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Soldering 7mm Brass Bearings


d600
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Hi could someone tell me the best way to solder these to loco frames?i have looked at some pictures on rmweb and they all seem to be done nice and neat and hardly an solder visable,and what would be the best wattage soldering iron to use.

 

cheers 

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1. ensure the bearing sides and face where solder will go, plus the frames where the bearing will fit are nice and shiny clean. Fibreglass brush, etc.

 

2. Place bearing, dab flux round it.

 

3. Put small amount of solder on the iron, bring up to bearing and touch to bearing and frames, leave in place until solder flows.

Alernately, cut off a small (3-4mm) length of solder, place close to bearing on frames, in flux, and bring iron up to that...works well, this.

 

4. Remove iron, keep bearing/frame still until solder goes hard.

 

Job done.

 

Some folk like to remove any excess solder with a fibreglass brush, again.

 

The trick is a hot enough iron, with enough wattage to keep both frame and bearing hot, solder of the right melting point, and a decent flux.

 

My current favourite is this: http://www.7mmlocomotives.co.uk//index.php?page=shop.product_details&flypage=shop.flypage&product_id=1&category_id=1&manufacturer_id=0&option=com_virtuemart&Itemid=52, not as acidic as some, less likely to send parts green and needs less cleaning up...although always clean up after each soldering session to avoid corrosion.

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Yes,at least a 100w iron.You can get in quickly & the frames do conduct a lot of heat.I bought an Antex 100w to solder in slaters cast hornblocks.As Jeff says,clean the areas with a GF brush,curse the little fibres as the stick in your hand,a small piece of 188 solder in the corner of the frame/bearing from the back & you should be rewarded by the sight of a nice ring of solder flashing around the joint.

 

Now,a question.When fitting white metal castings to the frames,do you use low melt solder or epoxy?.My DJH Fairburn tank has some hefty W/M cyinder castings,my senses say epoxy.What do others think.

 

                         Ray.

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Now,a question.When fitting white metal castings to the frames,do you use low melt solder or epoxy?.My DJH Fairburn tank has some hefty W/M cyinder castings,my senses say epoxy.What do others think.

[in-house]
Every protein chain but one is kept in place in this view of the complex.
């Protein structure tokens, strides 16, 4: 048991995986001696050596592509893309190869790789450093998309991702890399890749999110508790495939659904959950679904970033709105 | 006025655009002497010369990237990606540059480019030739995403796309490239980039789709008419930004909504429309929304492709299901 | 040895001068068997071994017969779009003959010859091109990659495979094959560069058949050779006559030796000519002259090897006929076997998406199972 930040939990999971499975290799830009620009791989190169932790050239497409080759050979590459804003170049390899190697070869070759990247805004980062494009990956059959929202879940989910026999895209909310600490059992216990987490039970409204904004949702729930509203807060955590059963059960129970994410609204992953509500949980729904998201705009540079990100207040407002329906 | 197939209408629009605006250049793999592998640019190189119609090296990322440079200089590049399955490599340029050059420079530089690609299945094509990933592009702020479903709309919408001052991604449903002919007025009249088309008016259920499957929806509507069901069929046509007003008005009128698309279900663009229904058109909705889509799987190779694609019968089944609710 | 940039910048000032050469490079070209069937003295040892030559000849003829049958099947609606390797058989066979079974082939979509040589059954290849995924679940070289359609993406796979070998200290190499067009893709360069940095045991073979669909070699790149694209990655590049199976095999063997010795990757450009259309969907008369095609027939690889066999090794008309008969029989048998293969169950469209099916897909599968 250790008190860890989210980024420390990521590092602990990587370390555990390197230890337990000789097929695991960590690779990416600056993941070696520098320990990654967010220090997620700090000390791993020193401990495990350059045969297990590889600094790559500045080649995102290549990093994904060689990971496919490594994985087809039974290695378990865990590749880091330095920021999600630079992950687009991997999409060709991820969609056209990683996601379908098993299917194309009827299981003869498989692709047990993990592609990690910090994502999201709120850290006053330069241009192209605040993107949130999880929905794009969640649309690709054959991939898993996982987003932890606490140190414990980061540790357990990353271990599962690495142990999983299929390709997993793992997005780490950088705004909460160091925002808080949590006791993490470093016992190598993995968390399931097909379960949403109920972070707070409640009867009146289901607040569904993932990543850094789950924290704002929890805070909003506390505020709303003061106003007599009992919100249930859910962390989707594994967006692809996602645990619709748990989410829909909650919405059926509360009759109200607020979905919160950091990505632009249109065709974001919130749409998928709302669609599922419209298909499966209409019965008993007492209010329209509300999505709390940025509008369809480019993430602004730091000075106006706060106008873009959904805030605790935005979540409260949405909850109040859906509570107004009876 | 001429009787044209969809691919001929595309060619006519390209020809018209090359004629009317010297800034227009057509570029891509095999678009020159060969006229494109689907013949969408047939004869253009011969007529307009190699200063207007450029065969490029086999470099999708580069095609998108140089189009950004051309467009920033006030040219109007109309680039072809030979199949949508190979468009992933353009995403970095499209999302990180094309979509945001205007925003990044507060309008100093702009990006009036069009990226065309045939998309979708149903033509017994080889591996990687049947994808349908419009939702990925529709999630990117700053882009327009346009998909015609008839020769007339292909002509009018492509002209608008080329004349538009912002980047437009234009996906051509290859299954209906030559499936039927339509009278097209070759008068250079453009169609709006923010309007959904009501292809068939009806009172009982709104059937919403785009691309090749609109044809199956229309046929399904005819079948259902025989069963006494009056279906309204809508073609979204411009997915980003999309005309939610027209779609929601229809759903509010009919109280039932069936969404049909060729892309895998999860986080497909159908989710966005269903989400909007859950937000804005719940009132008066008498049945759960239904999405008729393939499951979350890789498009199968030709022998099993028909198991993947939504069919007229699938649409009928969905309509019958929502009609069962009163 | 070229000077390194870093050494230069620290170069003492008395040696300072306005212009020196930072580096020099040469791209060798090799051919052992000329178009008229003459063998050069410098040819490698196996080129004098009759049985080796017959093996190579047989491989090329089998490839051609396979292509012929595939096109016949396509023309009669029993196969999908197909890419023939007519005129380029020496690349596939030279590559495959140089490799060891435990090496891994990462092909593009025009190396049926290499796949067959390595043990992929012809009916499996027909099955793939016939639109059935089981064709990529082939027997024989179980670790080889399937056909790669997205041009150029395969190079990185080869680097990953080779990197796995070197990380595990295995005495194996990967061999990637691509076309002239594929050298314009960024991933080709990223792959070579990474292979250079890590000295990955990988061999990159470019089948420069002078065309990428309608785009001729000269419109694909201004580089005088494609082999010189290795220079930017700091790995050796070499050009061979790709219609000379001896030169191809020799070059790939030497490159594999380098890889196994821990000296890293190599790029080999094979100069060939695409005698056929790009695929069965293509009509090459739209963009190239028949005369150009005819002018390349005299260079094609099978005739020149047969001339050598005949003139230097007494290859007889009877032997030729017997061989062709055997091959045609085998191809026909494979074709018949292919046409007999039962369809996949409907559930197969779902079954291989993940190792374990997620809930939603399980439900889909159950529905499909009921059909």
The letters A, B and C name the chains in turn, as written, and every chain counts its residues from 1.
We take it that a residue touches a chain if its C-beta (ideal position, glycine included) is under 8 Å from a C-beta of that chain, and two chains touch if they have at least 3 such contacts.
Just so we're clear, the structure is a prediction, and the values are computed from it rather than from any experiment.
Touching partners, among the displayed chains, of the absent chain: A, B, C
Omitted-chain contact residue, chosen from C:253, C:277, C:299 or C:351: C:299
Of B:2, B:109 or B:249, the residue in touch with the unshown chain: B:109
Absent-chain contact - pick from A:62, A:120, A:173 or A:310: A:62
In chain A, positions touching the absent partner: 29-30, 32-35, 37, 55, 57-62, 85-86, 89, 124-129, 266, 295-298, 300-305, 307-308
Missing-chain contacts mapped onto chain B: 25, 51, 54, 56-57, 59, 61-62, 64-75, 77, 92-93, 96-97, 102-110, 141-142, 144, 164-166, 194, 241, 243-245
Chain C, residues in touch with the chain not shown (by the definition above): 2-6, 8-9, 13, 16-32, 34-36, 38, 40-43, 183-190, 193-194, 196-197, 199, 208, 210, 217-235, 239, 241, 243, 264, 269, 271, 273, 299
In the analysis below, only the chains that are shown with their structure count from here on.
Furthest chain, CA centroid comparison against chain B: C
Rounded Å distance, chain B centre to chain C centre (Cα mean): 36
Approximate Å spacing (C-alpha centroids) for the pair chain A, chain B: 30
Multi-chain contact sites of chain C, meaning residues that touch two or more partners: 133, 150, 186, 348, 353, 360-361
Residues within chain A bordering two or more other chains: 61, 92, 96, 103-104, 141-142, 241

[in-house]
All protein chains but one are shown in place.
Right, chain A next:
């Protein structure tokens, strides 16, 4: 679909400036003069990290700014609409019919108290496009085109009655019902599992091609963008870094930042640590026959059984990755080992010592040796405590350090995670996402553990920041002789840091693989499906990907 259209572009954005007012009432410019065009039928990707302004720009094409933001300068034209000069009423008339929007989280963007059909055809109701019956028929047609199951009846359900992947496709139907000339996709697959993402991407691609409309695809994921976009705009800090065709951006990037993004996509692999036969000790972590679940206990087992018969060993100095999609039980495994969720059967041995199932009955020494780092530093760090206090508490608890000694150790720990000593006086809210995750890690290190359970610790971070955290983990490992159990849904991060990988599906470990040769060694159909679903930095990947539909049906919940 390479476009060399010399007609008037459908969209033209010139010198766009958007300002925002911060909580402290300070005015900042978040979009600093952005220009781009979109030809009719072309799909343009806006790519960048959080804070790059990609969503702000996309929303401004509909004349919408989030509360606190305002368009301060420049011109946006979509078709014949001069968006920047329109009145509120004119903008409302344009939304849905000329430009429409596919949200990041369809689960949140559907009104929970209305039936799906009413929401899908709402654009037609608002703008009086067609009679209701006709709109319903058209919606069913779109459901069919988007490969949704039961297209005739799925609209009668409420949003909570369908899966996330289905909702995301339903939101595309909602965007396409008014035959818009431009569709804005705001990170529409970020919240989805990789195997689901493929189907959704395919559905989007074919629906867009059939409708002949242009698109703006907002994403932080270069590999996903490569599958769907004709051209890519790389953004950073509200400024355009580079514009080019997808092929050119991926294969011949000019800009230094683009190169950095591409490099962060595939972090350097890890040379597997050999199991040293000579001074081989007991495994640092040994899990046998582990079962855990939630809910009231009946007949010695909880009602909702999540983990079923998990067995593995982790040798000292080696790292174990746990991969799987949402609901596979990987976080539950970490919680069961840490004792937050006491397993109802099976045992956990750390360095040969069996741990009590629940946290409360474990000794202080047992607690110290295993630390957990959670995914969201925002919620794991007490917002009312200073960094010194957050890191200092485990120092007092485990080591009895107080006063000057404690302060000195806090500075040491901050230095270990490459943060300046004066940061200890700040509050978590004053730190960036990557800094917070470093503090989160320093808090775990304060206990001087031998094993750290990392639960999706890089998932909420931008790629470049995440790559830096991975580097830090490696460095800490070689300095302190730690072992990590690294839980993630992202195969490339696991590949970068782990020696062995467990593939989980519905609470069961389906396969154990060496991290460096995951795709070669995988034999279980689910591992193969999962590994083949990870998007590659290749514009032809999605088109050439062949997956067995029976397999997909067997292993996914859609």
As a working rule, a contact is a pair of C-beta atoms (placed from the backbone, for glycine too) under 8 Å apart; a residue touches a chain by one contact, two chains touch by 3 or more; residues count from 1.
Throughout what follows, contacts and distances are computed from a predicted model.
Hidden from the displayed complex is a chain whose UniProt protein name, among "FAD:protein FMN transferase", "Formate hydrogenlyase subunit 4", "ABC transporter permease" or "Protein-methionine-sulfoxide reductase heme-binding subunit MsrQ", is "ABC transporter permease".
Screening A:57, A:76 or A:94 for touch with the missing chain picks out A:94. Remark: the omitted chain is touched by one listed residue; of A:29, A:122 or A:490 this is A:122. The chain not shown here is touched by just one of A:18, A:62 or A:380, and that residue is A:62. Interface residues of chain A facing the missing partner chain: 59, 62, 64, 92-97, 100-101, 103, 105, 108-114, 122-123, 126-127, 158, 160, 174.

Ray.

I use low melt solder.  First of all I tin the area where the casting is to be attached with normal electricians solder.  Then I put some phosphoric acid flus on the solder and then a small of cut of low melt solder.

Then I put my iron on the back of the frame until the low melt solder melts.  Then as it takes a little time tom' go off' I position the casting and hold it until the solder goes off.  I even used a 120w iron as a demo at a show when someone wanted to see it done and it was the only iron that was switched on at the time.  Just a small touch from behind the frame to melt the low melt will do it.

 

Jamie

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Hi thanxs for the replies and the link jeffp think I need a bigger iron mines only 40 watt lol don't think I would attempt soldering whitemetal I tried once and it formed a puddle lol.

 

Cheers

I bought one of these after the reccomendations on here,

 

              http://www.maplin.co.uk/p/60w-professional-lcd-solder-station-with-esd-protection-a55kj

 

 

 

Hakko tips on Ebay fit these as well

 

 

 

                 Ray.

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I'm curious about this flux as I have been using it on a kit I'm working on at the moment.
I'm used to a flux essentially drawing in the solder but this seems to be more like a coolant. Am I missing something with it?

 

Edit: sorry it should have quoted a post from above, the flux is the Water Based flux from www.7mmlocomotives.co.uk

Edited by Gordonotron
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I bought one of these after the reccomendations on here,

 

              http://www.maplin.co.uk/p/60w-professional-lcd-solder-station-with-esd-protection-a55kj

 

 

 

Hakko tips on Ebay fit these as well

 

 

 

                 Ray.

Hi Ray will take a look at that over the weekend I'm going to maplins looks very nice lol
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I'm curious about this flux as I have been using it on a kit I'm working on at the moment.